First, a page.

Week 7: 'The day of Big Brother grows ever closer'

On Monday 18 April I met with a number of people who have formed a working group to pursue areas of common interest in connection with thermal energy. Peter Scallan of Celtic Linen, Eimear Mannion of Wexford Creamery and Ken Cahill of Irish Pride Bakeries came to Dublin to explain their plight in relation to energy costs. These three companies employ over 1500 people between them in Wexford and they are being forced to compete on an unlevel playing field as the county has no access to natural gas. These companies are forced to use either oil or LPG which are more than double the cost of the natural gas which is available to their competitors. To make matters worse, it also raises their carbon tax as these alternative fuels have 38% more CO2 than natural gas. Why does Wexford have no natural gas? We were always told that the principle behind the European Union was one of fairness and that it was all about the strong helping the weaker. Sadly, it doesn’t always work out like that. When we signed up to the Nice and Lisbon treaties, we gave away large advantages to global corporations who insisted on greater opportunities to compete with the different states. In other words, the ability of the state to carry out work in the social interest of its people was being challenged in the name of financial profit. Big private companies don’t do social, they do profit – and they’d like governments to behave likewise. This all means that Bord Gáis are prohibited from bringing natural gas to Wexford (via a pipeline from Kilkenny where the main Dublin/Cork line passes through) because it would not be financially profitable in the short term. Clearly this is an EU Directive that is not in the interest of the people of Wexford.

The following day I spoke on the Criminal Justice (Community Service) Bill which I believe will be an improvement on the present situation. More and more in the last few years, we have been too eager to use the prison system as a means of dealing with minor crimes and, more often than not, causing more harm than good. I said:

This legislation is good because the use of community service orders as an alternative to prison can only be positive. The Bill is, therefore, a step in the right direction. Of the people I know who have gone to prison, few emerged as better people. Unfortunately, the use of imprisonment has not had the desired effect on many of those sent to prison. While some are sent to prison to keep them out of harm’s way or because they are a danger to society, many others are imprisoned in the hope they will come out of prison as better people. Sadly, this is seldom the case.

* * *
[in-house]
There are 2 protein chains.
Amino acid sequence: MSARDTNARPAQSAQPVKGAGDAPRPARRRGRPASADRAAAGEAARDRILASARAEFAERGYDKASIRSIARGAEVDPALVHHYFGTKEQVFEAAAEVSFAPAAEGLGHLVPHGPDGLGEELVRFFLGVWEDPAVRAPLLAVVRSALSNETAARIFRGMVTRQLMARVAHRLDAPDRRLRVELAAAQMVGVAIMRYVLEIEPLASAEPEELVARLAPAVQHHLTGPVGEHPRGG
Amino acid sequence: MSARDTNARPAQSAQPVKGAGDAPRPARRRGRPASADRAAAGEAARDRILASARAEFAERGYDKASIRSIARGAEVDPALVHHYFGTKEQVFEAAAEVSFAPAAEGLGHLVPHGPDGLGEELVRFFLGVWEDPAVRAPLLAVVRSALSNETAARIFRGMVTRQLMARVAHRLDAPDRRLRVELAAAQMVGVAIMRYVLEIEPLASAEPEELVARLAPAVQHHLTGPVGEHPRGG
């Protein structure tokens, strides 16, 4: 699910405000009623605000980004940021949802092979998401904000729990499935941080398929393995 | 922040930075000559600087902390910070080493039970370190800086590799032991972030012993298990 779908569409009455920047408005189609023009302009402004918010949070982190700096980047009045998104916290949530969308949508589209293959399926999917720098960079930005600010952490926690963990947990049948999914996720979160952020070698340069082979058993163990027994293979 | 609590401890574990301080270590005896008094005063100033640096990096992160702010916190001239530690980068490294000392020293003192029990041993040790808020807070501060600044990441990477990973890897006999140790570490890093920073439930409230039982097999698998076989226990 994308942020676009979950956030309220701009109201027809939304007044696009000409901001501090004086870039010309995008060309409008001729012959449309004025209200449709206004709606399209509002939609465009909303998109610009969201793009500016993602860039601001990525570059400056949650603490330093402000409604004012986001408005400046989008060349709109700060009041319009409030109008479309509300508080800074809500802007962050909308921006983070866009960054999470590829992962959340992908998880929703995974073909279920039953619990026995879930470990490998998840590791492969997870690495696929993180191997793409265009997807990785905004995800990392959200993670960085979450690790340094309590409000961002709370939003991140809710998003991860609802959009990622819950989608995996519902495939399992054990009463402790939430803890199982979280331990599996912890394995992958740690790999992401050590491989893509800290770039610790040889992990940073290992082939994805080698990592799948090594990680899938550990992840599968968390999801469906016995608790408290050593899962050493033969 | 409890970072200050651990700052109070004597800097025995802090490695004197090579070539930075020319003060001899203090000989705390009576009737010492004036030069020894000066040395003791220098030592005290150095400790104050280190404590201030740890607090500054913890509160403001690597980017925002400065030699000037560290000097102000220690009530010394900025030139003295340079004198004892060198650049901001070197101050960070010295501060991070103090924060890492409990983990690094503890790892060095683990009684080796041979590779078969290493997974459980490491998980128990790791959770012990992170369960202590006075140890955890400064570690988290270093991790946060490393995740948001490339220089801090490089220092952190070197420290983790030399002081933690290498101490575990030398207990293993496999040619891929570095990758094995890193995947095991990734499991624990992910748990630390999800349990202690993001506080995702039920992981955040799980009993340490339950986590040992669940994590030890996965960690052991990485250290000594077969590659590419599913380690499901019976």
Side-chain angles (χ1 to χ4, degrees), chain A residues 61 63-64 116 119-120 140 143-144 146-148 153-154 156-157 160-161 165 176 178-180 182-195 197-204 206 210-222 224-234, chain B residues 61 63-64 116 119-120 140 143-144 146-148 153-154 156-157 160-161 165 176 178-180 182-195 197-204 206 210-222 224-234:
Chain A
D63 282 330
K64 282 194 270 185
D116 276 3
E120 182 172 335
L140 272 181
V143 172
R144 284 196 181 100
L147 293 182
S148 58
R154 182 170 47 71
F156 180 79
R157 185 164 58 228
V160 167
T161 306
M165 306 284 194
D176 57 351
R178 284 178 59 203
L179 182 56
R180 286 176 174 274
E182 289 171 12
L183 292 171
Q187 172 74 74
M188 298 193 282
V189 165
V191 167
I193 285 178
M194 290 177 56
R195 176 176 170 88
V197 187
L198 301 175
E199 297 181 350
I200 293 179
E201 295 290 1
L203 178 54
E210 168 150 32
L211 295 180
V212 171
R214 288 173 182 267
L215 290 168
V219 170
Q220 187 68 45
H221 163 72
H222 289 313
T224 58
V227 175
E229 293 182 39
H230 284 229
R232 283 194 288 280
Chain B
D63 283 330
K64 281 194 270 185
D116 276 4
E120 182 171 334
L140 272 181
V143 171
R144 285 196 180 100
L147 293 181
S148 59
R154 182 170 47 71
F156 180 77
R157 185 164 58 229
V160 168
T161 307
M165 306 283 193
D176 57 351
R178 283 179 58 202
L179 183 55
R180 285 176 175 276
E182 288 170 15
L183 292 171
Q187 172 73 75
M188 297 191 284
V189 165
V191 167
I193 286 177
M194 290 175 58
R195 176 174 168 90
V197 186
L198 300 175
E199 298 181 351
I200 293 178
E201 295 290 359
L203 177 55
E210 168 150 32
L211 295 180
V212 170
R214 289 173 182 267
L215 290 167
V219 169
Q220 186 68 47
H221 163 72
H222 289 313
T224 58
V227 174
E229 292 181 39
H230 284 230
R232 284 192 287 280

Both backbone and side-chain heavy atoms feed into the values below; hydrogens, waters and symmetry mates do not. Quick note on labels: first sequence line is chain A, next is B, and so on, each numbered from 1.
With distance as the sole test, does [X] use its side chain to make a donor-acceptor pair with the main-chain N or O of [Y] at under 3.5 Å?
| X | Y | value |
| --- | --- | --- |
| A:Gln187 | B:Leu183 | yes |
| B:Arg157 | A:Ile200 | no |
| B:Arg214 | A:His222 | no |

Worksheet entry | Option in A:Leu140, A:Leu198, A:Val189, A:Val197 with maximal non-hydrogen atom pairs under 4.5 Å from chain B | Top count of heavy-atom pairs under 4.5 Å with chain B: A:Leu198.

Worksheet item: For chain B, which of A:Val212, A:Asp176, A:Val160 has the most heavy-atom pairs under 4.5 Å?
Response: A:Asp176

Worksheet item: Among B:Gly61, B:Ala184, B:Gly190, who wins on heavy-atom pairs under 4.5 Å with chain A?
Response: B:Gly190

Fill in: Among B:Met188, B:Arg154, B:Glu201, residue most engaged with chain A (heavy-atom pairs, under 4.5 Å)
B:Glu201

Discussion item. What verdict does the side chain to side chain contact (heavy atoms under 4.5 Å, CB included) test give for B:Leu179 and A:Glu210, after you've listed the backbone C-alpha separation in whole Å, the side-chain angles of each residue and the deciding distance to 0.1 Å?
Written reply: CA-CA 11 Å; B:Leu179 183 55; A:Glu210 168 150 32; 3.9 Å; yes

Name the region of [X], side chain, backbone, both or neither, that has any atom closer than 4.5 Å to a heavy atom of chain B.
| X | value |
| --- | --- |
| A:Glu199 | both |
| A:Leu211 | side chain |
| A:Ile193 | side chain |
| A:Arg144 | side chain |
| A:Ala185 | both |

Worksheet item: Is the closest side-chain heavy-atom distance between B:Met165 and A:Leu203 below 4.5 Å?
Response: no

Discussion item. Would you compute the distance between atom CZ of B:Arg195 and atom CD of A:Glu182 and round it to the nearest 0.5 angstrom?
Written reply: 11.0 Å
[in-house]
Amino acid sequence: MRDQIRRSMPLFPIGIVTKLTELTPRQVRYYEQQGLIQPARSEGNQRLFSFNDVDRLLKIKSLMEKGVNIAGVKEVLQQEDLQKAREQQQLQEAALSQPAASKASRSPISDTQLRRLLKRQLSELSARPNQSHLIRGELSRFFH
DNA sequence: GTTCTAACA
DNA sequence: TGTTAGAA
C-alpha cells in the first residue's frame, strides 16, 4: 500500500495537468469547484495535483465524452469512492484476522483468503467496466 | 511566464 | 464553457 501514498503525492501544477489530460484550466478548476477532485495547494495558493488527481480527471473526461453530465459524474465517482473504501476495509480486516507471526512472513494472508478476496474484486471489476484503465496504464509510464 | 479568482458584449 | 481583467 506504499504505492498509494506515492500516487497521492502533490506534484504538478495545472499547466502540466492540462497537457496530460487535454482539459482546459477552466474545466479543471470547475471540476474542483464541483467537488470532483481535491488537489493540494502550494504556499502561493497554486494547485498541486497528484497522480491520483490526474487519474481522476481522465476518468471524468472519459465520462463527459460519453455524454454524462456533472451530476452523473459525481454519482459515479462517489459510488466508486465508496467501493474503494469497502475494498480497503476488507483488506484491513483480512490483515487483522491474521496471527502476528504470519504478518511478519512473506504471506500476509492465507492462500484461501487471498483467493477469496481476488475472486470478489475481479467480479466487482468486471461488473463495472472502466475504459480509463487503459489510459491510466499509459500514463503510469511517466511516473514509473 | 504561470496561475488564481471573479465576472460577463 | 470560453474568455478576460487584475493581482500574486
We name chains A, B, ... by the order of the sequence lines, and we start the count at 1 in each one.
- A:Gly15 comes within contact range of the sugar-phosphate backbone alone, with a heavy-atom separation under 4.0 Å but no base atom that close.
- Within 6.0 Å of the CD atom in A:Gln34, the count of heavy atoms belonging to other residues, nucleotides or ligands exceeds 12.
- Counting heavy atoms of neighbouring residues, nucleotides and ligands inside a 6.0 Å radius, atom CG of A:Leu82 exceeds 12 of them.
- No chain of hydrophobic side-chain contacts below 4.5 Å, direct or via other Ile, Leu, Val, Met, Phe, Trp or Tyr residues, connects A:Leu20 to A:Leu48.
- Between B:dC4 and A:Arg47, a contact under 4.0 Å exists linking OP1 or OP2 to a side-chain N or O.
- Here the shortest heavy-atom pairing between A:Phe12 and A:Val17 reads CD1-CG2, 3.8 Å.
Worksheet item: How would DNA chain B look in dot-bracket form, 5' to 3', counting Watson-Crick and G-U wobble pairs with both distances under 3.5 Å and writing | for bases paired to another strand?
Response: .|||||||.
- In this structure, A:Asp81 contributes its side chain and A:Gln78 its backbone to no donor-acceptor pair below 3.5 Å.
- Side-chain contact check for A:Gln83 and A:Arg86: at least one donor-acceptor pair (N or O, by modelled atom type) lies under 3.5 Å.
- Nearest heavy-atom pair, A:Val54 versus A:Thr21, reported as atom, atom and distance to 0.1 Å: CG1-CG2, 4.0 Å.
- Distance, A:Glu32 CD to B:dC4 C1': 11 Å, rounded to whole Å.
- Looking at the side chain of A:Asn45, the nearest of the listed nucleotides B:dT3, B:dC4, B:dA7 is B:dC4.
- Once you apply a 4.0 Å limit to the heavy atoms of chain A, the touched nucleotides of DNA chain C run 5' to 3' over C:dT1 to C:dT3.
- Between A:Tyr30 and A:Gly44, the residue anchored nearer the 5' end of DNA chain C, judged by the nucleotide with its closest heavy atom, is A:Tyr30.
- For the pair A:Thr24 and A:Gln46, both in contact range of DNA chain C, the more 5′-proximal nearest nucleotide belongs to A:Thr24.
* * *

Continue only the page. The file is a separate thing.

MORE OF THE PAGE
The prison system is seriously overcrowded. In January 4,500 people were in prison, double the number who were in prison 13 or 14 years ago. This is a frightening statistic and most of those with responsibility for the prisons agree that there is no chance of achieving positive outcomes in overcrowded prisons.

Other Deputies and I met representatives of the Irish Penal Reform Trust, IPRT, which has some interesting ideas on the prison system. According to it, it “has long argued that prisoners cannot be treated in isolation from the communities from which they come and to which they return, and that penal policy must be connected up to relevant policies in the health and social sphere”. For this reason, it regards detention as a last resort rather than a first option.

It would do all of us good to spend some time doing community service as we would learn something and it could make us more healthy social animals. Obliging offenders to carry out community service gives them an opportunity to see and repair some of the harm and damage they have done to their community. This is a positive outcome.